Lakhapur Village

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 Location Ecosystem Type   Conservation Type   Area(hectare) Legal status 
 Brahmapuri, Chandrapur, Maharashtra Forest Ecosystem Conservation 240 Not Available

Case Study (2009)

Background

Lakhapur village is situated in Brahmapuri taluka of Chandrapur district in Maharashtra. A dryand moist-deciduous forest surrounds this village with species like khair, dhawada, sehma, saag, mahua, neem, bel, anjan, mini, babul, tamarind, mango, bahawa, rohan, shendri, tendu, sahu, etc. Some of the big mammals found here include Indian wolf, spotted deer or chital, wild boar and jungle cat.

The total human population of the village is 510, living in 100 households. The main communities include the bhois, gonds, kumbis and nalivis. Buddhism and Hinduism are the two main religions practiced in the village.

Agriculture is the main occupation of the villagers, rice being the main crop. Other crops grown here are pulses and wheat. The secondary occupations are livestock rearing and agricultural labour. The livestock population is 250 cows and 100 buffaloes.

The villagers are dependent on the forest for fuelwood, wood for agricultural implements and housing, medicinal plants and fodder. Honey and resin, and mahua, mango, tamarind, biba and charoli fruits, are extracted for livelihood.

Legally this forest is under the jurisdiction of the revenue department and nistari (customary use) rights remain with the villagers.  

In 1955, when one of the villagers of Lakhapur went into the forest to collect fuelwood, he was beaten up by some outside villagers. This angered the Lakhapur villagers. They decided to take charge of their forest so that an incident like this would not be repeated.

In 1956, a forest area of 600 acres (240 ha) was selected by common consensus of the village for protection. A forest cooperative society called Gram Swarajya Jungle Sahakari Sanstha was established to manage and protect the forest. Though the village got rights over the forest in 1956, actual work began under the guidance of Gurudev Geetacharya Tukaram Dada of Adiyal Tekdi in 1962.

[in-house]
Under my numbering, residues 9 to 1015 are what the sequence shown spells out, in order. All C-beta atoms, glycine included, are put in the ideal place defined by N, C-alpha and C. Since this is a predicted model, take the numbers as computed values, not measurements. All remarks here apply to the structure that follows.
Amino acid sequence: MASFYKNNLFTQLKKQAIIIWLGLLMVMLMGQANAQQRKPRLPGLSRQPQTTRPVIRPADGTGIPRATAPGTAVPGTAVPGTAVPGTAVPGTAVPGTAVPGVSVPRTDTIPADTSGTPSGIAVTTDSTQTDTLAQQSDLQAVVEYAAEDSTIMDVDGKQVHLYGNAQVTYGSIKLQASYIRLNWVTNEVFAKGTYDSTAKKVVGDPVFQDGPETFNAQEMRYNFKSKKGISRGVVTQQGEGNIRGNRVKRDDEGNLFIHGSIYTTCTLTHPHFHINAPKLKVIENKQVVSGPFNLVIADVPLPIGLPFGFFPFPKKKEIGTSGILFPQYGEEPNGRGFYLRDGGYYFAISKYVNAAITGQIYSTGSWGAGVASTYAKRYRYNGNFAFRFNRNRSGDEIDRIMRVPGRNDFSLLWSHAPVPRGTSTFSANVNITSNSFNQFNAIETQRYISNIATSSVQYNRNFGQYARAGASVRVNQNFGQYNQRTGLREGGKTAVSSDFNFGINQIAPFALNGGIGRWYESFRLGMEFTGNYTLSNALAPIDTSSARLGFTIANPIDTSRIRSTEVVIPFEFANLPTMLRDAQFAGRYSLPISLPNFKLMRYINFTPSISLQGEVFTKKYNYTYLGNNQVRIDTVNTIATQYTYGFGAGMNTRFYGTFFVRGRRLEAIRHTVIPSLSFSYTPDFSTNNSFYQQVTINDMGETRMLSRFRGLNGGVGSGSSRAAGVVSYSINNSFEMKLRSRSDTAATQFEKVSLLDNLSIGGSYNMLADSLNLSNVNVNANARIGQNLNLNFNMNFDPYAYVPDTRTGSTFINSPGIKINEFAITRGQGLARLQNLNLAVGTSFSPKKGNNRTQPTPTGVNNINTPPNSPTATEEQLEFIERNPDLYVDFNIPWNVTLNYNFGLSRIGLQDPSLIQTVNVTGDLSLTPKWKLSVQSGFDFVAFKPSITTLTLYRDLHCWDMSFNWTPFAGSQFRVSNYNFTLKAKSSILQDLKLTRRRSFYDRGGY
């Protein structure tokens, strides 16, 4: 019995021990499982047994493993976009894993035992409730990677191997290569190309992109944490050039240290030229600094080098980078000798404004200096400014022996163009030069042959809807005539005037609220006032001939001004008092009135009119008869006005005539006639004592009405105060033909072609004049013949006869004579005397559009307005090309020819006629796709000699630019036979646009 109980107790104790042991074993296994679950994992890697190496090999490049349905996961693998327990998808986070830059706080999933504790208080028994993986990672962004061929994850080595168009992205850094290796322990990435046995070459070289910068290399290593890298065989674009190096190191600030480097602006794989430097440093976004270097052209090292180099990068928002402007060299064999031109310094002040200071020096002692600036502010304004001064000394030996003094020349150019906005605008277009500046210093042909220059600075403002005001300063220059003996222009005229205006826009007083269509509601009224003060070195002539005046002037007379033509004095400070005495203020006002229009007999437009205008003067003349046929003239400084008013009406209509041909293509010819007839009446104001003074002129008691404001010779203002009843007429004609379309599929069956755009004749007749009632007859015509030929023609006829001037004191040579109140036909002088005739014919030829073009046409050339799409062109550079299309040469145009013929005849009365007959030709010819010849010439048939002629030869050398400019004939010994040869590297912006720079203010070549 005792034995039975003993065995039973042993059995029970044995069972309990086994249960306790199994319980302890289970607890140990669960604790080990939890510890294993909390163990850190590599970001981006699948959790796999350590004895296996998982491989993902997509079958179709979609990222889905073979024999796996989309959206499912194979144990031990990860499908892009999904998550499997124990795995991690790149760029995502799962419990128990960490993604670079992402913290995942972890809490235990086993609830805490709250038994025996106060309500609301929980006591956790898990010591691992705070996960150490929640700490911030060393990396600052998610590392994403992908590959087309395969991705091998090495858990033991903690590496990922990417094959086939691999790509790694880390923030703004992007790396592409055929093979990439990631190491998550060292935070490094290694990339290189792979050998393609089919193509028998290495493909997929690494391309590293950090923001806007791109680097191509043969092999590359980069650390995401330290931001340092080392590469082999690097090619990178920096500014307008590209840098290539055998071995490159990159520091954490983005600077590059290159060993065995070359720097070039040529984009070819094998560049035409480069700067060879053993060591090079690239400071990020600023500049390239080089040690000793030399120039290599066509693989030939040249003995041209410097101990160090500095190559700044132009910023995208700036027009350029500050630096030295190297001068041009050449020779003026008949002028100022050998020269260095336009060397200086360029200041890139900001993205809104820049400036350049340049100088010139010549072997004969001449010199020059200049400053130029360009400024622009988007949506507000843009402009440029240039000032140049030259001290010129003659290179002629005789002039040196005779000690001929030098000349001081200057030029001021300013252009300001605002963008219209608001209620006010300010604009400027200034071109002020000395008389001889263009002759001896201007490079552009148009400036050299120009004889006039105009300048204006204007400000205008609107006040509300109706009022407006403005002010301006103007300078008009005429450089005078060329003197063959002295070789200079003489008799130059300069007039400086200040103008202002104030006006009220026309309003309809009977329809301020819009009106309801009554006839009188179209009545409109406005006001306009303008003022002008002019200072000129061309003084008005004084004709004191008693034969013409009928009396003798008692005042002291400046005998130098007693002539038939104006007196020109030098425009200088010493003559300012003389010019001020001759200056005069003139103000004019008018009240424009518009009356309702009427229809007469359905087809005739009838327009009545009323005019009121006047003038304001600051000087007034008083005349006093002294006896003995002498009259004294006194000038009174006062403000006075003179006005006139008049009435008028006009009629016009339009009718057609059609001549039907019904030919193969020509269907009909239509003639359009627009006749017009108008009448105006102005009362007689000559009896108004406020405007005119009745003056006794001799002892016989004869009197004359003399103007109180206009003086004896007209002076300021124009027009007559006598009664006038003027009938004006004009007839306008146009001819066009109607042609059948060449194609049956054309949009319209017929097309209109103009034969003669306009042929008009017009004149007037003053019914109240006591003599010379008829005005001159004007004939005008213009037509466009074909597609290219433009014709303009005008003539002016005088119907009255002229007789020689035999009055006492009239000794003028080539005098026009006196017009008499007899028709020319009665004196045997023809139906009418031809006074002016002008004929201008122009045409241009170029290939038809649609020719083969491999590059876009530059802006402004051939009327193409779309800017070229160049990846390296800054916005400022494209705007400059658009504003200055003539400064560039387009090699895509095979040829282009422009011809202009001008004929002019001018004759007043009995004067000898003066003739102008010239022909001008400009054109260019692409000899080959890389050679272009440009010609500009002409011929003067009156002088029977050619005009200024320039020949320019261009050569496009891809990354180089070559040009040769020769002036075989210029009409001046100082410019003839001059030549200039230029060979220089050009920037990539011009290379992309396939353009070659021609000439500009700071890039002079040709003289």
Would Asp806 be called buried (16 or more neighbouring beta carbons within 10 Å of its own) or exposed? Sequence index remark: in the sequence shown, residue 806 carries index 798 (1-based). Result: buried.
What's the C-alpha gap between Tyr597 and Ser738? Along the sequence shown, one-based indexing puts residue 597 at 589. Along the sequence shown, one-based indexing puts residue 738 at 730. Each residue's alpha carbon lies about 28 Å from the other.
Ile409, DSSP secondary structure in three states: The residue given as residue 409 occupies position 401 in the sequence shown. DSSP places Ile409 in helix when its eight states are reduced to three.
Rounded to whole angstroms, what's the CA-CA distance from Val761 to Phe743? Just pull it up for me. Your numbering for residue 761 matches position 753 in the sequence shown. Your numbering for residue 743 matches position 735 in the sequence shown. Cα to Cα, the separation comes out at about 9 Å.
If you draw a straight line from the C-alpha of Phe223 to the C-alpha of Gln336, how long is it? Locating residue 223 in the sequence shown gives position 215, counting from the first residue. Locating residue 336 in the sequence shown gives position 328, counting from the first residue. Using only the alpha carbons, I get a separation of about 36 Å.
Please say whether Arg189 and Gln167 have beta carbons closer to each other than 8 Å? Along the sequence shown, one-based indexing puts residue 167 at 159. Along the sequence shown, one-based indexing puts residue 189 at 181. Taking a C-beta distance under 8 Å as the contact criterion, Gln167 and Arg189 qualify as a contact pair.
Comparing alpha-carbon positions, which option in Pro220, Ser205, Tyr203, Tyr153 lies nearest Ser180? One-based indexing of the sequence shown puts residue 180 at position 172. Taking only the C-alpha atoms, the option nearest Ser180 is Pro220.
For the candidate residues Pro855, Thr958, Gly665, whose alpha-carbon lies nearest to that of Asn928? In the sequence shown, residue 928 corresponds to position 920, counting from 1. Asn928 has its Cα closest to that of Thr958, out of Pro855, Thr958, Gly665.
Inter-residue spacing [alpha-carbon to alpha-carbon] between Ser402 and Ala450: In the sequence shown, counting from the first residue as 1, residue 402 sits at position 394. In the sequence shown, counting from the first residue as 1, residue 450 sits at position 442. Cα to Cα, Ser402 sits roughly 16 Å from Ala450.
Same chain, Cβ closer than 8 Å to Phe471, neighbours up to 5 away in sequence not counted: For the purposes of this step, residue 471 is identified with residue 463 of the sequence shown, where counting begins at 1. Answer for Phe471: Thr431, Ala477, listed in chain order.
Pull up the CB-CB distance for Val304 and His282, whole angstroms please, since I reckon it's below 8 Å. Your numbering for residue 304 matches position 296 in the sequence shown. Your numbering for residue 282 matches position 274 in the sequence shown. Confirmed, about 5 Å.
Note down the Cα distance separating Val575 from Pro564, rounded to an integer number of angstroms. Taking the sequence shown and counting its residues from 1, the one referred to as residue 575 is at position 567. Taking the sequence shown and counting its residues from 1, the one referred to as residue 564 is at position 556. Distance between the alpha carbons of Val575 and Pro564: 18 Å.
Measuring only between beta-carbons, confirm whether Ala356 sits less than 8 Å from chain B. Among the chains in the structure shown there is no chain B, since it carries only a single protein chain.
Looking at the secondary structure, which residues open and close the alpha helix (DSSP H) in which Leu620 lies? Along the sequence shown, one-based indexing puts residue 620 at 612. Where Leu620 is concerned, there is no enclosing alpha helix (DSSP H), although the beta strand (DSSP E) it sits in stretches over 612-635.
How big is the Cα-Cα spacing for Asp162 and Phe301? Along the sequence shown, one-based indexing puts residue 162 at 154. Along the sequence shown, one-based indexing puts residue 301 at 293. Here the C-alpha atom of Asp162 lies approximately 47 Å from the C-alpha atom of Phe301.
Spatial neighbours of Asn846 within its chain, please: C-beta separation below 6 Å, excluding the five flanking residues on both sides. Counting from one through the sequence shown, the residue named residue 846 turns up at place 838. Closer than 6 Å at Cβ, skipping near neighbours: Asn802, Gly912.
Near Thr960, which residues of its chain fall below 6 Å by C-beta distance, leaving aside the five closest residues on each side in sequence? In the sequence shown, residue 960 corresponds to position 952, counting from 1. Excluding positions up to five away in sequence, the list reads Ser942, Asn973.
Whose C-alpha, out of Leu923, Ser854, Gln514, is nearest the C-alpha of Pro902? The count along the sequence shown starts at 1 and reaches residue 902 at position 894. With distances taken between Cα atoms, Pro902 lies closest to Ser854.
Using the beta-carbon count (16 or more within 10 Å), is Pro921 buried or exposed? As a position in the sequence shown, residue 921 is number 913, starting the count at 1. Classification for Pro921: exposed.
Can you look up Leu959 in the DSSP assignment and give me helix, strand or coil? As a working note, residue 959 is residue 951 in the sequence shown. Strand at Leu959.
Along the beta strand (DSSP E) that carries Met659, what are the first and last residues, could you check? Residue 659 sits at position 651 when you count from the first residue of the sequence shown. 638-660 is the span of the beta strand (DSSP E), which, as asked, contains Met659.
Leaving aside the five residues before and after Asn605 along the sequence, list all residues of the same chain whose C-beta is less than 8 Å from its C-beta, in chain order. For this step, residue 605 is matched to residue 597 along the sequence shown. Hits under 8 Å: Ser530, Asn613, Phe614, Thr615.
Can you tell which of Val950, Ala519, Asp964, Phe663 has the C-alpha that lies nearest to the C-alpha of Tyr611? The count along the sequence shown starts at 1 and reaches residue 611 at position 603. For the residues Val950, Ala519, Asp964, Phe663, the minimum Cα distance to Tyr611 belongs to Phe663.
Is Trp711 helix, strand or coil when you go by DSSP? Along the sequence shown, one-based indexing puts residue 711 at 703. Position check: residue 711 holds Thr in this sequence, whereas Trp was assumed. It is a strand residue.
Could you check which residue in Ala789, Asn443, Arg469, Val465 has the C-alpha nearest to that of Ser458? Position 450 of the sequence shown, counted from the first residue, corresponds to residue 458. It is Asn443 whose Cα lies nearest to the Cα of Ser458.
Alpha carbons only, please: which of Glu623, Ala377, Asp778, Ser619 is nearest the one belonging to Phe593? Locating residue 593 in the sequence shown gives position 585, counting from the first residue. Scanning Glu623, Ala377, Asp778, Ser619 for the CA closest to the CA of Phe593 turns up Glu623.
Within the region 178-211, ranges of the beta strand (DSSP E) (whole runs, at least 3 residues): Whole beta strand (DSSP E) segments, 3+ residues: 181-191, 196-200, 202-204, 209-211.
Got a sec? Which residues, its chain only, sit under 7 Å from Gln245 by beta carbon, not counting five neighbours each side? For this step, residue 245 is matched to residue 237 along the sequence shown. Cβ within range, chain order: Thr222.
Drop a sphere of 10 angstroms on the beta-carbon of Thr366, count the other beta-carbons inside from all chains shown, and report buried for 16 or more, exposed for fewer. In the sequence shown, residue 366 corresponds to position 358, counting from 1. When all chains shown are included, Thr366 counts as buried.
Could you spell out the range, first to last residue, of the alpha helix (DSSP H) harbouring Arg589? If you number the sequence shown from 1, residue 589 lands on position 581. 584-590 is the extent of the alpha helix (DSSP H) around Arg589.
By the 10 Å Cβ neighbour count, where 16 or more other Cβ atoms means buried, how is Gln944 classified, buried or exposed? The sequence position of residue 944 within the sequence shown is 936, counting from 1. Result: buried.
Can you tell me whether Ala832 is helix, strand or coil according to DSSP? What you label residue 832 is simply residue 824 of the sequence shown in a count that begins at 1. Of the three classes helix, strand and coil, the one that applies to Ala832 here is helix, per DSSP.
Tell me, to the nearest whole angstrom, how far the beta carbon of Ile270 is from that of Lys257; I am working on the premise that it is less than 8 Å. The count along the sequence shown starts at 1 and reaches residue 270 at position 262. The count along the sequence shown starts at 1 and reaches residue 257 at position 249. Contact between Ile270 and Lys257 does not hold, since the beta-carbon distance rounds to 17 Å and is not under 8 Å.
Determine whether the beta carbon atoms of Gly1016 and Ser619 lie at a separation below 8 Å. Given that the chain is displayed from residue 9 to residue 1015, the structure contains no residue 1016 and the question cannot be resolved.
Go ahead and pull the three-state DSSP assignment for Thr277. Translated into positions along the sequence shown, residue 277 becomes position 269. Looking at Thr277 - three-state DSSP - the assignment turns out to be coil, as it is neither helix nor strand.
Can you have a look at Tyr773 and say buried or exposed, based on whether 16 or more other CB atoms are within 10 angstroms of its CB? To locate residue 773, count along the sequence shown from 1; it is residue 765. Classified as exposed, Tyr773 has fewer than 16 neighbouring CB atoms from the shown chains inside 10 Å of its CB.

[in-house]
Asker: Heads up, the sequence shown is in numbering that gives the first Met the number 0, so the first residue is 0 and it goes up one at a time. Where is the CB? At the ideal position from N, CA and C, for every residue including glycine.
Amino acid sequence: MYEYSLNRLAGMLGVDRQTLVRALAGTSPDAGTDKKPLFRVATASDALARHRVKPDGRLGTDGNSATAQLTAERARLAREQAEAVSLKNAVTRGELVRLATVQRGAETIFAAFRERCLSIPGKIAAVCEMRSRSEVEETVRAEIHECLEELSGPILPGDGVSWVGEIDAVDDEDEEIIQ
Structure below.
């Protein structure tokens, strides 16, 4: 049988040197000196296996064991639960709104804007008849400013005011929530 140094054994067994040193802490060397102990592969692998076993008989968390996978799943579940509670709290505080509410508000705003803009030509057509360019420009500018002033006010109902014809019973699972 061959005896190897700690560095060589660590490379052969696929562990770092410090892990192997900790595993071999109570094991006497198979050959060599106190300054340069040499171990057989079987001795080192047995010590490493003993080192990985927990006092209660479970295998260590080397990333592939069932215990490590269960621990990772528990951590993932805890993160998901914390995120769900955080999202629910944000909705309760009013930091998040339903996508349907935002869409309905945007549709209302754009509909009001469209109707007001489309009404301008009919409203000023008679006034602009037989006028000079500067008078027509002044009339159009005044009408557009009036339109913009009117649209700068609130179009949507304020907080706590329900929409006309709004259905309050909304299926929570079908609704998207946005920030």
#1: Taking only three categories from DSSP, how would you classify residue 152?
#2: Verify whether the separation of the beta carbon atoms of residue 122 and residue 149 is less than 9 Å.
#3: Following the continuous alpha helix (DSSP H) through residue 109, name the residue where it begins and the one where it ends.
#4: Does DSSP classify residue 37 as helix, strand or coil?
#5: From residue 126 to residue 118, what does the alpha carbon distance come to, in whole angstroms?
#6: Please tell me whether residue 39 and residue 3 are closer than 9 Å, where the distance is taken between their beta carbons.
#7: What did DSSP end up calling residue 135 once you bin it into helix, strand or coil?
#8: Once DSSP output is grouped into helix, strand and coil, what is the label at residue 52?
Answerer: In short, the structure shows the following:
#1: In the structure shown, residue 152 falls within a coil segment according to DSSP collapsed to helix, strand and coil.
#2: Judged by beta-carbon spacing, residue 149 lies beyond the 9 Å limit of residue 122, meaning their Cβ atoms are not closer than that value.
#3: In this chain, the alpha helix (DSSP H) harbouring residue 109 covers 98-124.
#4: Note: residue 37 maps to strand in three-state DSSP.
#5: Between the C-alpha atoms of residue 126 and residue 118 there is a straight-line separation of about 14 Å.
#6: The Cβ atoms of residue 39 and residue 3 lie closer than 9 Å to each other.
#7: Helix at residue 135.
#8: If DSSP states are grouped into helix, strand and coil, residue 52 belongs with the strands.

The cooperative is made up of an elected 9-member team, which includes the president, vicepresident and secretary. Two villagers patrol the forest and are paid Rs 150 per month. The gram sabha and the Forest Cooperative together take all major decisions, resolve conflicts and protect the forest. Neighbouring villagers who used to hunt and steal firewood from the protected forest have been caught and punished. The villagers also take fire control measures.

Each family pays a sum of Rs 50 annually to the cooperative for forest management. Funding for activities like afforestation comes from fines. Fuelwood, fodder, timber, etc. are distributed equally among the villagers.

Protection has helped regeneration of the forest understorey. Fire control, regulated removal of dried leaves, etc. increased the humus in the forest. Villagers claim that soil fertility has increased, soil erosion has been checked and moisture levels have gone up. The increased water table level has increased the water in wells and surrounding waterbodies. The overall biodiversity of the forest is claimed to have shown a marked increase. Encroachments on village common land and forests have been brought under control.

The villagers benefited greatly from the increase in the availability of fuelwood, fodder and NTFP in the forest. Expenses that the villagers would incur to purchase this forest produce is saved. Agriculture has improved, as has the dairy production. Time that was earlier spent on searching for and gathering fuelwood is now spent in looking after their fields and other work. Overall health benefits have been seen along with increase in income. Conflicts between them and neighbouring villagers have also reduced.

The feeling of unity among the villagers and the sense of belonging to the forest has increased. The decision-making powers of the villagers have been enhanced and they now realize the importance of self-governance. 

  This case study has been contributed by Mahadeo Girlurkar of the NGO Khoj, in March 2001. We are extremely grateful to Ajay Dolke, ‘Shrujanpod’, Yavatmal District, Maharashtra, for his useful comments.

Mahadeo Girlurkar,
‘Khoj’, c/o Shri P.M. Khandelwal,
Near Govind Lodge, Gujari Bazar,
Paratwada 444805.

This case study was part of the Directory on Community Conserved Areas (2009), published by Kalpavriksh. The directory can be downloaded here.

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